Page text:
PyroPower installations to provide Africa with off-grid electricity
An Earth Observation Innovation team from the University of Leicester is collaborating with PyroGenesys and a number of UK and international organisations on a project to generate off-grid electricity for remote rural communities in Africa starting with Nigeria.
The international consortium will be supported by £224,697 funding from the InnovateUK Energy Catalyst Round 6 Competition which was announced on Thursday 7 March.
PyroGenesys, with engineering support from bioenergy prototype specialist ICMEA-UK, has developed a novel technology to convert agricultural waste residues into renewable electricity and smokeless cooking fuels. The system will be integrated with technology developed by Koolmill to provide off-grid high-quality rice milling.
The PyroPower Africa project will utilise Earth Observation satellite data from the University of Leicester team to identify possible locations for future PyroPower installations across Nigeria.
Professor Kevin Tansey of the School of Geography, Geology and the Environment at the University of Leicester said: “The potential for using satellite data within geographical information systems to support the renewable energies sector is huge. Whether it be information about transport networks, characterising communities or estimating the biofuel resources, satellite data is a great mapping and monitoring tool.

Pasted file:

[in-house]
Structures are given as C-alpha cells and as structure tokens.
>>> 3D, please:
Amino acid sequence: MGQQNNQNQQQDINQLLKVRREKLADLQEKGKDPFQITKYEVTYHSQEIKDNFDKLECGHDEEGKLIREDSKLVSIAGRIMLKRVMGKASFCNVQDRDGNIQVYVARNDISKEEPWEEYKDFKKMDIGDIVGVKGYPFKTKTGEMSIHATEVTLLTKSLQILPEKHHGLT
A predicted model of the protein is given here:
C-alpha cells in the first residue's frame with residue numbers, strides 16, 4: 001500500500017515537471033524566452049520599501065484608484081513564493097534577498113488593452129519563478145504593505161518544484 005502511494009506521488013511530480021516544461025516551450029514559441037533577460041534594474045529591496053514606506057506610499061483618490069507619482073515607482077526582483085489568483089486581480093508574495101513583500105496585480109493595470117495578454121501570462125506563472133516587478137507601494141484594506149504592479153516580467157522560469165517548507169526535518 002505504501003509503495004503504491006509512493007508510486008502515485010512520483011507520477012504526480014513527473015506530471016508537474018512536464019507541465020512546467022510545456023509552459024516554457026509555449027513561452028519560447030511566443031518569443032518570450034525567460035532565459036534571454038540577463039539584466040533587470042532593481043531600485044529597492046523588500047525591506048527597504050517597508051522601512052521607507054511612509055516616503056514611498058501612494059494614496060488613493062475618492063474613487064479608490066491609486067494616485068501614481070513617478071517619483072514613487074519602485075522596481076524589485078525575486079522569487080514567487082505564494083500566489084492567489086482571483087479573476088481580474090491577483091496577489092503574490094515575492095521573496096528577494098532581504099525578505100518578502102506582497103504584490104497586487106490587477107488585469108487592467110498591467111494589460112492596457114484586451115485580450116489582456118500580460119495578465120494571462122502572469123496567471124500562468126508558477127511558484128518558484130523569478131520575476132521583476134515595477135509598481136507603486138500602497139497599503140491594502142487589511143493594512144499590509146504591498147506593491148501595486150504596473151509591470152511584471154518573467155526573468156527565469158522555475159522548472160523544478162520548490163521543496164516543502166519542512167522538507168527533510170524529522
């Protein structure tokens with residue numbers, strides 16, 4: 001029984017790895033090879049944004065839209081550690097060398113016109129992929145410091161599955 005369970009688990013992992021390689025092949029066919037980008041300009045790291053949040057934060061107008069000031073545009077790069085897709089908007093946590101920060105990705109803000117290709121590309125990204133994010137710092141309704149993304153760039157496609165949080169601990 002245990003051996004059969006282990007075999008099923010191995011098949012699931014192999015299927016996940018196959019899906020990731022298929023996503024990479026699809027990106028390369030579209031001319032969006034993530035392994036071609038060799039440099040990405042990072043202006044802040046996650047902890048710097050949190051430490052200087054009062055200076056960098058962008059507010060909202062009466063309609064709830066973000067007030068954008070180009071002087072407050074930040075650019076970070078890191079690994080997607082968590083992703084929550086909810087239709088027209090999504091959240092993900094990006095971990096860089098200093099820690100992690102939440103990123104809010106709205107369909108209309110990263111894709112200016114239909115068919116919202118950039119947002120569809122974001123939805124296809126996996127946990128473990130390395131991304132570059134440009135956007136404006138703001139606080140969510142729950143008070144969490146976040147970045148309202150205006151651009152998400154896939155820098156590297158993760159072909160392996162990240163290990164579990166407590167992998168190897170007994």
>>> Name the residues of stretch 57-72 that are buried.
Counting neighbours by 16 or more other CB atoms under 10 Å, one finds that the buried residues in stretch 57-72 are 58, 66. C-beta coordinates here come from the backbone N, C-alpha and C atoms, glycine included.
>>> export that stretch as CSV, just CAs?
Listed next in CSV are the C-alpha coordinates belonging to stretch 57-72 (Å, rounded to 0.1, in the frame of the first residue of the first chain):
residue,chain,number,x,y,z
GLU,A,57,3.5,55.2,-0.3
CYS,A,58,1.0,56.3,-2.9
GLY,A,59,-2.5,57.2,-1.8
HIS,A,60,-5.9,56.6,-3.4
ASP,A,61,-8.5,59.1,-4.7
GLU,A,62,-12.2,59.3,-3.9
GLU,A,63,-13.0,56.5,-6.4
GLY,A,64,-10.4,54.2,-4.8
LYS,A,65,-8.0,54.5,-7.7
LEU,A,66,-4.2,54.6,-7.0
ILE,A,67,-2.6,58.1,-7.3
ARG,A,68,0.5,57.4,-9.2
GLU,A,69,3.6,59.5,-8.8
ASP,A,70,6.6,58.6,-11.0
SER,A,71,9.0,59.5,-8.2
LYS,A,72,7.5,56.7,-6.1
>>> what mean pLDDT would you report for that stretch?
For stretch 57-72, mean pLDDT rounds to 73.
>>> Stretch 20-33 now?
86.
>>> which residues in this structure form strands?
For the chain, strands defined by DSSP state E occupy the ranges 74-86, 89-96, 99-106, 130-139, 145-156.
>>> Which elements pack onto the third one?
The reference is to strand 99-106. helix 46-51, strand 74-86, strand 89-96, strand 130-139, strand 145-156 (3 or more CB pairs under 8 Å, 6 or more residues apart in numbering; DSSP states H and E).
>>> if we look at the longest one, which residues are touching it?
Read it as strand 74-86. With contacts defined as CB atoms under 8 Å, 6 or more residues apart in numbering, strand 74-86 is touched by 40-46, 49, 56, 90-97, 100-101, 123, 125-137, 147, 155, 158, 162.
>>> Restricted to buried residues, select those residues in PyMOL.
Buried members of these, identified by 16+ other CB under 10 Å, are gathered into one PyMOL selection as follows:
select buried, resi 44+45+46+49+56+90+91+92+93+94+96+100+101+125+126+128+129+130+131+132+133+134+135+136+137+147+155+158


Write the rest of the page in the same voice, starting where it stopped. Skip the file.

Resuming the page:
“We will use satellites built by the European Space Agency delivering data via the European Commission Copernicus program to pinpoint agricultural waste residues that will be able to supply the plants with a sufficient quantity of fuel.”
Consortium partners, African Agricultural Technology Foundation and Babban Gonna, will utilise their extensive in-country project networks and expertise to provide ground-level validation and carry out detailed studies of the sites identified by the Earth Observation team.
The project will also develop local waste collection arrangements and systems needed to sell electricity over rural micro-grids in Nigeria.
Digital mobile transactions based on the SIMPAY mobile payment system developed by another consortium partner Mobinet will be used to trade waste, and purchase electricity and cooking fuels.
Mobinet CEO Andrew Otiko said: “A mobile payment platform that works in real-time without the internet and on any phone type is essential for rural Nigeria.” This model promises to empower gender and social inclusion in remote communities with no access to formalised banking structures.
PyroPower consortium leader and PyroGenesys CEO, Simon Ighofose said: "The rural communities we aim to serve are not, typically, heavy users of electricity. Their needs are relatively undeveloped, so it's difficult for any electrification programme to justify the costs of extending the Nigerian national grid, especially in remote areas that are also poorly served by roads. The project will also focus on developing local smokeless cooking fuel production from waste agri-residues to replace wood-derived charcoal use, which is causing severe deforestation and human health issues.
“The PyroPower system USP is that it’s a low-maintenance, biomass-powered pyrolysis technology that is feedstock flexible. This enables PyroGenesys to convert most forms of agricultural and food processing waste residues into much-needed electricity and clean cooking fuel at a village-level.”
Professor Tansey will lead the Earth Observation investigation alongside Mr Carmine Maffei who is based in the University’s Innovation Hub.